An Australian quartet by the name of Hiatus Kaiyote has been all over the internet for years now with their mix of jazz, soul, hip hop, and progressive time signatures. I was lucky enough to catch their recent sold out show at New York City’s Gramercy Theatre, which spawned a few ideas on the modern band, the state of modern jazz, and the continuation of Australian dominance in music.
For starters, Hiatus Kaiyote is a freshly assorted sound: a spastic blend for J Dilla beats, Erykah Badu’s sultry soul, and Bonobo’s atmosphere. They’re hardly bound by any sort of preconceived notions of what a “song” is. For example, they’ll exchange the typical verse/chorus/verse for something that would be better described as 90bpm/70bpm/breakbeat. It’s perfect for the generation who can’t focus on anything anymore, and the 16-30 year olds who slam-packed Gramercy Theatre will testify to that.
The band’s time has arrived at the perfect time. On one hand, jazz is cooler than it has been in years. Kamasi Washington is flooding my news feed, Flying Lotus’ critically acclaimed You’re Dead was stuffed with it, Kendrick Lamar raps over it, BADBADNOTGOOD is blowing up, and it makes perfect sense. Jazz is the perfect antithesis to the tired EDM trend; it’s musical, genuine, legitimate, and the original dance music of western culture. Hiatus Kaiyote’s spastic jumps play out like a beat tape while retaining it’s authentic flavor.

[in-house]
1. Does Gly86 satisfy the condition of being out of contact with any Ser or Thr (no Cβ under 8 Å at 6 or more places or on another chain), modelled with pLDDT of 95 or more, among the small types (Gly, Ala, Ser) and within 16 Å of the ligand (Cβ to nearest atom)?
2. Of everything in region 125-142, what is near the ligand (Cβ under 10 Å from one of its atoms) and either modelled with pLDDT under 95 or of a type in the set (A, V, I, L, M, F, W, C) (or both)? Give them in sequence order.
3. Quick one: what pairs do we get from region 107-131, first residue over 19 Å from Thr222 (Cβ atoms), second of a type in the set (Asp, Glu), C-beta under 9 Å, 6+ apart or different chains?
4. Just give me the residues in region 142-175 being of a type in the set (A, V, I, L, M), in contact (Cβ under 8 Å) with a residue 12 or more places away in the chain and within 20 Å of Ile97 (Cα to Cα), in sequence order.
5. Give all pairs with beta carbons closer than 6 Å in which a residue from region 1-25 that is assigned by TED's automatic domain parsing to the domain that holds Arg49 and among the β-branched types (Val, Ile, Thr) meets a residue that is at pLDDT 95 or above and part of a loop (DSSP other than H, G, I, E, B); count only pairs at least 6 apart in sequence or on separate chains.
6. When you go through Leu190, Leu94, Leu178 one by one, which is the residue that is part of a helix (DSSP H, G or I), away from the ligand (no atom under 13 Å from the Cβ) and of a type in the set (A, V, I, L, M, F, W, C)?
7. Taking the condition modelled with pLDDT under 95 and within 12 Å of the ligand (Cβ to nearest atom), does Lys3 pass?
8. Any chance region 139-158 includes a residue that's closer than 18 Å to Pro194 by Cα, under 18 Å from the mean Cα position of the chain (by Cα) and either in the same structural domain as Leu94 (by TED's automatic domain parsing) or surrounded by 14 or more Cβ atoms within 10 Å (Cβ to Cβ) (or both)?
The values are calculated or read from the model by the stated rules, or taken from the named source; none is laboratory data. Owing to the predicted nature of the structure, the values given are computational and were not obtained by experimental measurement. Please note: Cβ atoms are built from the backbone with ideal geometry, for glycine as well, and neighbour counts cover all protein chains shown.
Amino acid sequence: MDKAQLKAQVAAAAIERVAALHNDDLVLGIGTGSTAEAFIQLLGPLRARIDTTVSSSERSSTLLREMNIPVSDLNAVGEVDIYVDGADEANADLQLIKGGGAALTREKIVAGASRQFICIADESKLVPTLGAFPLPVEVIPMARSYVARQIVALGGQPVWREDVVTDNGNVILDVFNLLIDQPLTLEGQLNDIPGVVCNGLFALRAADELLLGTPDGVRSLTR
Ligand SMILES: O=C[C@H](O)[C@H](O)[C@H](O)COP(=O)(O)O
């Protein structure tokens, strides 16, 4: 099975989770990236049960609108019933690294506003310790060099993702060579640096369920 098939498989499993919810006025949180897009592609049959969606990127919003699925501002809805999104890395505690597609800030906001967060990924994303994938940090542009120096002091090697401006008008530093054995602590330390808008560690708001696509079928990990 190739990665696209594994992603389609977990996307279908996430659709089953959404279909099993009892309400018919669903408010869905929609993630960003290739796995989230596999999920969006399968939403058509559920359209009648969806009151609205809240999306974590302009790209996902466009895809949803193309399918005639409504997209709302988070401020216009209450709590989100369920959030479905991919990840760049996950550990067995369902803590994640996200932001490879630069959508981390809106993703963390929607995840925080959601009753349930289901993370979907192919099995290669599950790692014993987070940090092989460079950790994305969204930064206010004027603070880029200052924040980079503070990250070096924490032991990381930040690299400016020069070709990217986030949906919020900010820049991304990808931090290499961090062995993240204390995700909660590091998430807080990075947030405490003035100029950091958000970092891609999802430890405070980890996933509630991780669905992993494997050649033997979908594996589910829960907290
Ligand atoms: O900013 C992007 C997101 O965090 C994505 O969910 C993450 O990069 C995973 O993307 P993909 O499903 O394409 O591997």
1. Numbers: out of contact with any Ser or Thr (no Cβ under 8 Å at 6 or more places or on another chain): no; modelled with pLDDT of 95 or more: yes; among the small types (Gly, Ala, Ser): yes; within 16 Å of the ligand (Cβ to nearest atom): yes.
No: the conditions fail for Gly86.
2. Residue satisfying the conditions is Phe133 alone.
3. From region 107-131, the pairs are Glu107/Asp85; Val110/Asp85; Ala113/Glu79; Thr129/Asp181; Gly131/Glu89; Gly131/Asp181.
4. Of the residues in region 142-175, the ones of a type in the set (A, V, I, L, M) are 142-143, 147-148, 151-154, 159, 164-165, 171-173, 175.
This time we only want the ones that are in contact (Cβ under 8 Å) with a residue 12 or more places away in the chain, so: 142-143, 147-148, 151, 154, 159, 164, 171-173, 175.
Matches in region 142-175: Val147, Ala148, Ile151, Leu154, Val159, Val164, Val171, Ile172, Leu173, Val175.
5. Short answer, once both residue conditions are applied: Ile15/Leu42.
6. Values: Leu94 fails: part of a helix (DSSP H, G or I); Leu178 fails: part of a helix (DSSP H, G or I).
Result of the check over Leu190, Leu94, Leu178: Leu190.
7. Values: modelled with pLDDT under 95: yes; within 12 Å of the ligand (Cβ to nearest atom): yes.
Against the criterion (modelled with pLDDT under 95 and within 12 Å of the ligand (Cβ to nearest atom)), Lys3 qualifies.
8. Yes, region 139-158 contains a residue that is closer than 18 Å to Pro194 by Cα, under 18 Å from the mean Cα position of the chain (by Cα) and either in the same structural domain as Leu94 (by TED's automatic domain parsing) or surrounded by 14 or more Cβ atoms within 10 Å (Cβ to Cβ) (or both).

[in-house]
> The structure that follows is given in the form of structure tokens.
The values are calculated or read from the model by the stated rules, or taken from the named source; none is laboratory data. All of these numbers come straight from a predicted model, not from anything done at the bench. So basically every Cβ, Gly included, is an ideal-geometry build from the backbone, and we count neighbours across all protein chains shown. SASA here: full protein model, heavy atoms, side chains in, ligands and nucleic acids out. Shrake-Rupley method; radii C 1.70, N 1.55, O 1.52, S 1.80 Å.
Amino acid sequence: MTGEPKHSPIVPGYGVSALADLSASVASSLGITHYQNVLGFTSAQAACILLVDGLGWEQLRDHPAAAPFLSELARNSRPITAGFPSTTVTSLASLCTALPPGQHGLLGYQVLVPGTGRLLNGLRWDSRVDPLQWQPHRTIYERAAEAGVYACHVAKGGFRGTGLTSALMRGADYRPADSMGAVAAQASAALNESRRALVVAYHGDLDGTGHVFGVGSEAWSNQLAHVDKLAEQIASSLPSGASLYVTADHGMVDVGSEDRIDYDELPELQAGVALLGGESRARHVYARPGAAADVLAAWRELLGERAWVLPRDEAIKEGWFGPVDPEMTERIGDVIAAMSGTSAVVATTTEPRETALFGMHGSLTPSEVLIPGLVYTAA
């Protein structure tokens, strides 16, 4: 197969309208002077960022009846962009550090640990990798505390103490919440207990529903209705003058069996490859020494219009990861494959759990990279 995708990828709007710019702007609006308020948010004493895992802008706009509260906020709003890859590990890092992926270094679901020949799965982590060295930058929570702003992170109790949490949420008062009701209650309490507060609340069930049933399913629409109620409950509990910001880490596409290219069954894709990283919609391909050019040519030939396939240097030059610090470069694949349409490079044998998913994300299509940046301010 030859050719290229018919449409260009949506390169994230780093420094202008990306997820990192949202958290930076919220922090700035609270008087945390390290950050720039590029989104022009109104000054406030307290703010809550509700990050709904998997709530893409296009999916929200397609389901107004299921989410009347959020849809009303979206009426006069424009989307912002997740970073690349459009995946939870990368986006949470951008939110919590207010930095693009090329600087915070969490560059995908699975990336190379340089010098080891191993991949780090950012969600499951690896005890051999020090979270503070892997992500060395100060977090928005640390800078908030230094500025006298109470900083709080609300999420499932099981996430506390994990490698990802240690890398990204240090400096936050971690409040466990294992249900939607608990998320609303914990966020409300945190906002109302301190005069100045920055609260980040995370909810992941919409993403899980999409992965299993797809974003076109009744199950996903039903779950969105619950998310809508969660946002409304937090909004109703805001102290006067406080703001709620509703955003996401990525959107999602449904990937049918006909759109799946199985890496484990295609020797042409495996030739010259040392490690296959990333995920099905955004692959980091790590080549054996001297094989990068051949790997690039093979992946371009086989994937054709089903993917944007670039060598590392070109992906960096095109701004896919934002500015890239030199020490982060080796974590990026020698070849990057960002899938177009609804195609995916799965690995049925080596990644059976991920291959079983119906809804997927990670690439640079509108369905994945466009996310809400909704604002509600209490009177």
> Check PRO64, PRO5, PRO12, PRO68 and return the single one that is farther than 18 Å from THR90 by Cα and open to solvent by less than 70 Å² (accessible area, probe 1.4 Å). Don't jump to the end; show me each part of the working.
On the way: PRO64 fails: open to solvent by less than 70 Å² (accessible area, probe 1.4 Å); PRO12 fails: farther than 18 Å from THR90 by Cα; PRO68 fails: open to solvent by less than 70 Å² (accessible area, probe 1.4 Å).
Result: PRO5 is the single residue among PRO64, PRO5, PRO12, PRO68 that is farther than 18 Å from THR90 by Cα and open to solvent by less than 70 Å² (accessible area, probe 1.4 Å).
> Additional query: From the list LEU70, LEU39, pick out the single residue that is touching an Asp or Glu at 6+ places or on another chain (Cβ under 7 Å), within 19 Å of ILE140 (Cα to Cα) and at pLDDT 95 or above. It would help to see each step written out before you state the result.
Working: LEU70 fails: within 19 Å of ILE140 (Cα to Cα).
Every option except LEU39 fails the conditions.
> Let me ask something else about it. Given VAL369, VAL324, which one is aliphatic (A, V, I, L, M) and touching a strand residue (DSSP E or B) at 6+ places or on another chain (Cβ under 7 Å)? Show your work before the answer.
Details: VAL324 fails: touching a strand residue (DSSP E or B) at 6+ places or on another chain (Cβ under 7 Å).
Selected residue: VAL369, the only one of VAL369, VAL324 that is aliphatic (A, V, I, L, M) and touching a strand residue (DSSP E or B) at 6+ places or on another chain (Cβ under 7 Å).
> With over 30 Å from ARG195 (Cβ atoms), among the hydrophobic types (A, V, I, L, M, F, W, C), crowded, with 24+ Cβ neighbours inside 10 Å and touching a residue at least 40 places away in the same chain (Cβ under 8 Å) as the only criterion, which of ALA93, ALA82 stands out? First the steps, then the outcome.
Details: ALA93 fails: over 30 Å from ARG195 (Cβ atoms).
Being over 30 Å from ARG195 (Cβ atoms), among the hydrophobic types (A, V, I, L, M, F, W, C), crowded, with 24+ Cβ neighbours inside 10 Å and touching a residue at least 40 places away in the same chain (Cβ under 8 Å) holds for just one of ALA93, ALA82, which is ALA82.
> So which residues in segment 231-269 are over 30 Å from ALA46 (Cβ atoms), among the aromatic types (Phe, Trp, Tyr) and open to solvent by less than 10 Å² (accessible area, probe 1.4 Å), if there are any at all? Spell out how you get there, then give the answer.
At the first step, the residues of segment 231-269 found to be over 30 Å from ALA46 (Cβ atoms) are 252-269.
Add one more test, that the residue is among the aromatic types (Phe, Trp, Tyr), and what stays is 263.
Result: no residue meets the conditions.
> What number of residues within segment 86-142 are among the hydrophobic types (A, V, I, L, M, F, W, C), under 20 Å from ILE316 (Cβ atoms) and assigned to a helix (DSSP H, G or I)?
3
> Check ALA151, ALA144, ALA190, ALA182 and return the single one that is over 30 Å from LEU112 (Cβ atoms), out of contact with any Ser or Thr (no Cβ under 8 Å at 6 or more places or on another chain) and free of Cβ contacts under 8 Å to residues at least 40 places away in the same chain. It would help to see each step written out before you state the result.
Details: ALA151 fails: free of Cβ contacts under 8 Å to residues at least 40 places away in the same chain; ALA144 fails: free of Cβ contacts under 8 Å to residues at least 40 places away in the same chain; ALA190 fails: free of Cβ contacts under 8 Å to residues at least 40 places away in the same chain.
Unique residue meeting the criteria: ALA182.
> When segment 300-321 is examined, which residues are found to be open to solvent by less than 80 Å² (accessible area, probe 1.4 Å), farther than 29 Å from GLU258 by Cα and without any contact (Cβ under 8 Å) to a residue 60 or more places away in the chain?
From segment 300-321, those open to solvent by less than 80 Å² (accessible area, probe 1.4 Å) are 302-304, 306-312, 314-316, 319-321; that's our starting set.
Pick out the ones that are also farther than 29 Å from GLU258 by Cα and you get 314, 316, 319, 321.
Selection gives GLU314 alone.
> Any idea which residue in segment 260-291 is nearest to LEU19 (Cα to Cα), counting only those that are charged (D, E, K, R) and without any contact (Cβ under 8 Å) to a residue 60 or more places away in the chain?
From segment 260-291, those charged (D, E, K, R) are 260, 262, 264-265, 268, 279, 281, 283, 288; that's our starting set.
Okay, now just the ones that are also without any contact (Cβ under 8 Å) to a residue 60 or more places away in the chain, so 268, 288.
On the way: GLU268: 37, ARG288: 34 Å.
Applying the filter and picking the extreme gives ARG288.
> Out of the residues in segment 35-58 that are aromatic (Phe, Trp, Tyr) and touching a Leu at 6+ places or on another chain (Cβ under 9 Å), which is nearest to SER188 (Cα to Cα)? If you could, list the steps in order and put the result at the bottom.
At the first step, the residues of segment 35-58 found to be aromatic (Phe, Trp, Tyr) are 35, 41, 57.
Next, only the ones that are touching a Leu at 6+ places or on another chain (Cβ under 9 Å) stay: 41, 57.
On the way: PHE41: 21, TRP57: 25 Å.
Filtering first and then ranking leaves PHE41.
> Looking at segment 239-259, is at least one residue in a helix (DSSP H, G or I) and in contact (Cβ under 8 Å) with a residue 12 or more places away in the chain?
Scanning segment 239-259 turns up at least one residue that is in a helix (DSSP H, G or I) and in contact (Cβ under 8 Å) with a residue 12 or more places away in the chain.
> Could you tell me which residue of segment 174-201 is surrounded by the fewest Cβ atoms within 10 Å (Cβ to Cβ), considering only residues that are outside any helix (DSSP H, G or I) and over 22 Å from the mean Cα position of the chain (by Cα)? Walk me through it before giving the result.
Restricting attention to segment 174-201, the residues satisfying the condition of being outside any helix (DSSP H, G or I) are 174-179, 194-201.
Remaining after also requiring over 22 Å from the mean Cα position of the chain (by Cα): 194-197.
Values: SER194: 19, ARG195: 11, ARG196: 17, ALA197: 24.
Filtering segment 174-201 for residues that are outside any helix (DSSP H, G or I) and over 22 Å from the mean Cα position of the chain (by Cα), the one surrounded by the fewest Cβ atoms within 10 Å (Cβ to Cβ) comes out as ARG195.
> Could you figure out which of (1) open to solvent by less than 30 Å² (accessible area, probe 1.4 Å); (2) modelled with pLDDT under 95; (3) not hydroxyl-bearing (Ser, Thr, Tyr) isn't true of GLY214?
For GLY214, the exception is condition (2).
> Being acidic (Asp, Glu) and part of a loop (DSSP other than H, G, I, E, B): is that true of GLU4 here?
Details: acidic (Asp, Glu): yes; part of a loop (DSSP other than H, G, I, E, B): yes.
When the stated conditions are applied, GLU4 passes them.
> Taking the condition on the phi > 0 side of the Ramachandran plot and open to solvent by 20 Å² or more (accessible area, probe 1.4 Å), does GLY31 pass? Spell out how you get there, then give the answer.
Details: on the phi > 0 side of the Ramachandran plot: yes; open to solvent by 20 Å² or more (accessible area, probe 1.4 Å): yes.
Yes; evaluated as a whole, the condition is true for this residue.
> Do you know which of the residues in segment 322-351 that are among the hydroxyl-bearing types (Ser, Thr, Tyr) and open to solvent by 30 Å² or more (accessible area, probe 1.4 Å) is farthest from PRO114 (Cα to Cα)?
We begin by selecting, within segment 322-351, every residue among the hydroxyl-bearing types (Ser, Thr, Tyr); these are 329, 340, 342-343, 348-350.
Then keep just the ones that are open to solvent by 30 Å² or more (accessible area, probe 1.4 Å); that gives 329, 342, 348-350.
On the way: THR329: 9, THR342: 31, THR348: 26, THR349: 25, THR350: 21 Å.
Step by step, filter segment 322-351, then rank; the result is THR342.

Kaiyote is also the latest Australian act to garner a massive amount of praise by an American audience. What do Iggy Azalea, Tame Impala and Flume have in common? Nothing but a homeland that continues to churn out compelling music in its respective genre. For whatever reason – maybe it’s something in the water – Australia can’t seem to quit producing captivating artists.
I’m not complaining, however, and neither were the 500 heads inside of Gramercy Theatre this past Cinco De Mayo. The group’s gleeful youth, exciting sound, and fresh vibe added to their musical abilities for a concert that was as impressive as you’d hope.Hearing everyone sing along with “Nakamarra” is the very reason we go to concerts in the first place. It’s exciting to watch a band on the rise as swiftly as Hiatus Kaiyote is, and we can’t wait to watch the rest of their story unfold.